A Young Person's Guide To The Fall

Under 21 and looking for a new band to get you buzzing about music again? Look no further than these great punk stalwarts...
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If there is one thing I can’t stomach, its all that retrospective shite.” Mark E Smith, 2003.

Sat at home? Bored? Under the age of twenty? Thinking, “wow all my friends are into all the modern bands which I really aren’t into. At all. Whatsoever. Nil point.I do wish there were another British band I could get my teeth stuck into.”

Have faith. The British 80s alternative music scene was a cynosure of culture and talent, the likes of which have not been repeated. Search beneath the obvious choices. The Smiths’ CD’s are worn out. Roxy Music remind you of your dad, synth pop was never your thing and the drummer of the Housemartins went to jail for firebombing the house of a business associate and, according to Paul Heaton, "hitting the guy straight on the head with an axe.”

You say, “I want something British, gritty, raw and standoffish but with intelligent lyrics. Surely there isn’t a band left for me to explore, I think I’ve exhausted all angles. “

This is where you are wrong.

For now is an excellent time for you, my sceptical friend, to get into The Fall. For coming up to 40 years Mark E. Smith and co have been writing what essentially are anti-songs: impervious to change, style, genre or norms. The Fall have been rattling against the cage of musical conformity since the 70’s. Get into them, they’re great.

Since being a younger man. I am well aware of bigger, better, older more accomplished writers than myself who have gone to write reams and reams of excellent prose on how good The Fall are and to them I owe my gratitude. But for now, from my own listening experiences this is a nice sort of starter kit for anyone who has never heard them before.

The Art Of The Fall
The Curious Dichotomy of Mark E. Smith And The Fall

Eat Y’rself Fitter

This is the best music video I have ever seen. The best. Number one. A classic. Numero Uno. I can’t think of a better promotional video for a piece of music. Screw 'Thriller', Sigur Ros’ '“”' and Bjork’s lesbian robot thing. This is the apex. It’s seven minutes long. Filmed in the Hacienda. Charmingly low-fi. A mish-mash of interconnecting scenes supposedly relating to the song that end up making no sense. It contains horrible scenes of giant flies. Facial lesions. Masked ghouls. It’s all done in a very light-hearted manor however. At the very end a human statue of a man recites Mark E Smith’s lyrics/poetry. Its bizarre. It’s brilliant. It’s the best. It is also John Peel’s favourite song by The Fall, which he revealed when it came to his turn on Desert Island discs. 'Eat Y’rself Fitter.' Eat Y’rself Fitter indeed.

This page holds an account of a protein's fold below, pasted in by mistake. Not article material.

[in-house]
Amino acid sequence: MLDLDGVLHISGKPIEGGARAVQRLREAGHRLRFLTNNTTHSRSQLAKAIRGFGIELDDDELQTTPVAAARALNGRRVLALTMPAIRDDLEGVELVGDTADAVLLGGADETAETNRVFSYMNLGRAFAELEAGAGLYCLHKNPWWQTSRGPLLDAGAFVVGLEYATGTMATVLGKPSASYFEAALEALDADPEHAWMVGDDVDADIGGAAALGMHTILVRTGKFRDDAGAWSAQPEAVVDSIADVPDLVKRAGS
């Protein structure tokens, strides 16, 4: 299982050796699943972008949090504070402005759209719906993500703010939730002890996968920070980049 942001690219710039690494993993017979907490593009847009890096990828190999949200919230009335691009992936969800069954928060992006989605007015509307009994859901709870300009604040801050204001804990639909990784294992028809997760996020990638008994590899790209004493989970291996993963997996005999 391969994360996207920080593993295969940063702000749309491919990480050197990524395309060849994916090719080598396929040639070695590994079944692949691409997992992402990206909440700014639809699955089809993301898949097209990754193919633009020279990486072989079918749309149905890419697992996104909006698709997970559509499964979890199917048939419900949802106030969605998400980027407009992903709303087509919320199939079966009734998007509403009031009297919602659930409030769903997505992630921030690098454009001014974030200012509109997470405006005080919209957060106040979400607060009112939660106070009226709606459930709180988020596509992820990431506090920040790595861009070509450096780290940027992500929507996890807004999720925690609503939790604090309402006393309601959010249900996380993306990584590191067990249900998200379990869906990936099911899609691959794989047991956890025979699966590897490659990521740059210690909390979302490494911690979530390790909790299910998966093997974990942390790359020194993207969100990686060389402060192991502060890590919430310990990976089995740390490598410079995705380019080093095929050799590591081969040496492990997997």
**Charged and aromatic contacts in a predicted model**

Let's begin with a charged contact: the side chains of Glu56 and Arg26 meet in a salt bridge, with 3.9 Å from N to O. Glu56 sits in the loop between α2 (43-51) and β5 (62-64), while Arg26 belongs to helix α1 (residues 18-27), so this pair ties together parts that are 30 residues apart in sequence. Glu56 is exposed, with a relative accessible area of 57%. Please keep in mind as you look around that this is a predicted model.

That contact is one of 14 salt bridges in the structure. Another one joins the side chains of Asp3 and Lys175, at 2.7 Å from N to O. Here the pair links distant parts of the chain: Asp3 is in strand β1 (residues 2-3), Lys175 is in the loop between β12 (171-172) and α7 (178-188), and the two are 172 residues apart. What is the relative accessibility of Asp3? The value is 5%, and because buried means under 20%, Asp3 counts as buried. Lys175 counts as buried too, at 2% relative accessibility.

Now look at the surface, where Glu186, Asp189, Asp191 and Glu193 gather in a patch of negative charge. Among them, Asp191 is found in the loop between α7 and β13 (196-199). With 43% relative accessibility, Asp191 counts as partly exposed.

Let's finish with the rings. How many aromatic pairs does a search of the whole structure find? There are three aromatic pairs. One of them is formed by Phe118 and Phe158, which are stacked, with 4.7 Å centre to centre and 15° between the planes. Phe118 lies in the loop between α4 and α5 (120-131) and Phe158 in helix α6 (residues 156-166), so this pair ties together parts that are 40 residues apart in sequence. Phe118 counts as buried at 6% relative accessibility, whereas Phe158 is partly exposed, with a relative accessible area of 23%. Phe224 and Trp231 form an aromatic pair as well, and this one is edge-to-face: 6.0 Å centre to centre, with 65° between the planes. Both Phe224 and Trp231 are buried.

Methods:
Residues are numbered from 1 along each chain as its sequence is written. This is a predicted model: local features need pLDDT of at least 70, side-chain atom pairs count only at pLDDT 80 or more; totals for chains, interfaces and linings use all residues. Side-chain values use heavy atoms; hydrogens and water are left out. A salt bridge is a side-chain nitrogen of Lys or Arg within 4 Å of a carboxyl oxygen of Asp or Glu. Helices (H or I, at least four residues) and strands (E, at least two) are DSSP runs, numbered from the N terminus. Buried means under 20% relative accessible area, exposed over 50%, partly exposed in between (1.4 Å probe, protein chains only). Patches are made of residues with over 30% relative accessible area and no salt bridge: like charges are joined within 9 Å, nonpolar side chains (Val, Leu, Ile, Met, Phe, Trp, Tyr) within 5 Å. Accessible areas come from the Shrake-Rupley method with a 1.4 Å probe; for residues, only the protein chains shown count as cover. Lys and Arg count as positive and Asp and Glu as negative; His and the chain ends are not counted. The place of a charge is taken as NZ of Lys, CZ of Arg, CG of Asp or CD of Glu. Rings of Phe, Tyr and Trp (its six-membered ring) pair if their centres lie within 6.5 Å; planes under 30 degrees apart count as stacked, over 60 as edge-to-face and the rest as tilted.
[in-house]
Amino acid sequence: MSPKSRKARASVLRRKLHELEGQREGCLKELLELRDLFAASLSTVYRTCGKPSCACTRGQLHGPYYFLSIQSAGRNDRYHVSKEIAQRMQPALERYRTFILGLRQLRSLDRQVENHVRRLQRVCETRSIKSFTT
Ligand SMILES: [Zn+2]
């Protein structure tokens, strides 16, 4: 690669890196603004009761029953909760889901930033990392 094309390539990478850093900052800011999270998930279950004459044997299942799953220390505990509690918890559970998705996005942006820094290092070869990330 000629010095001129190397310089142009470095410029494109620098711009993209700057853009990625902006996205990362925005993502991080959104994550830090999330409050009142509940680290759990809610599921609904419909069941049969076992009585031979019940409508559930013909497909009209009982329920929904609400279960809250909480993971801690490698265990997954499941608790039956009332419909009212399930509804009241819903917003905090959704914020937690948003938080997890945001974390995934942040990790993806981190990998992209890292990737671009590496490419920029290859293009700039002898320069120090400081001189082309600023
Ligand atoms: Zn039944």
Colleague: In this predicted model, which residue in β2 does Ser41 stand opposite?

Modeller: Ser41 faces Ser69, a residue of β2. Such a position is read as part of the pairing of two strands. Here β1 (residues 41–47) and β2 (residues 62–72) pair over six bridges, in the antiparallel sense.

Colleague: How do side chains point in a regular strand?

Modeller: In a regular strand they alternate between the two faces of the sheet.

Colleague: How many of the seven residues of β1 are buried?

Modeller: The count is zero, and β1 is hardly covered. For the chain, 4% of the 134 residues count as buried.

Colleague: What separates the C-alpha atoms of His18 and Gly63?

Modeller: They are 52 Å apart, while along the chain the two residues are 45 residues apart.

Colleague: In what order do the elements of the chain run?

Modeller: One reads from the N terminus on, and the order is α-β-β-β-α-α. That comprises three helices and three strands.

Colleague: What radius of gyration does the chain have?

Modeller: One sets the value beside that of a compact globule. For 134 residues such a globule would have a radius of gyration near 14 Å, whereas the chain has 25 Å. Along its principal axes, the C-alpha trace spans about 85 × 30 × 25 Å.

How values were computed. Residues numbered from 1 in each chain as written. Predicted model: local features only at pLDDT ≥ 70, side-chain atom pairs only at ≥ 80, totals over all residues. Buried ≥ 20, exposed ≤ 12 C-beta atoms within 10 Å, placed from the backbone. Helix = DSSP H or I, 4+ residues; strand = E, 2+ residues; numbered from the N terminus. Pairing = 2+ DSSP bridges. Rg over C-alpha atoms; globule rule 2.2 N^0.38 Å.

The Classical

Often cited as The Fall’s best song on forum websites and among the musical taste intelligencia elite. It’s hard to argue with our aspirational friends as well. This is one of the most impressive songs I have ever listened to. From the VERY questionable opening rallying cry to the double drum line up, it all adds to The Fall’s legendary innovative sound and tendencies. The opener to Hex Education Hour (Stewart Lee’s favourite album) you’ll do hardly wrong starting here.

US 80-90s

When electronic music came sweeping through the 80s, Simon Rodgers jumped onto working with The Fall and helped in creating a seminal gothic pop album, Bend Sinister. This is one of the standout tracks from a truly great period in The Fall's time line.


Nasty. Menacing. Villainous. The opener to the B-side of Perverted By Language. Arguably the best song on the entire album (in close contest with ‘EYF’). This is Mark E Smith at his most contemptuous. Their performance in 1983 for The Tube is an incredible watch. Suddenly even before Jools Holland has finished announcing the act. The room dims. In atmosphere of course. Who are on stage they ask? Is this music? What are they wearing? Who are these people? Nobody dances. Everybody looks at the camera with questioning vacant faces. It’s sublime.

Prole Art Threat

Ever the social critic and commenter of modern times. Mark E Smith wrote this slandering hatchet job of a song against the (as he saw it) “soft left” which included -in his list of targets -Rough Trade,the label they were signed to at the time.

Rough Trade and The Fall parted ways soon after.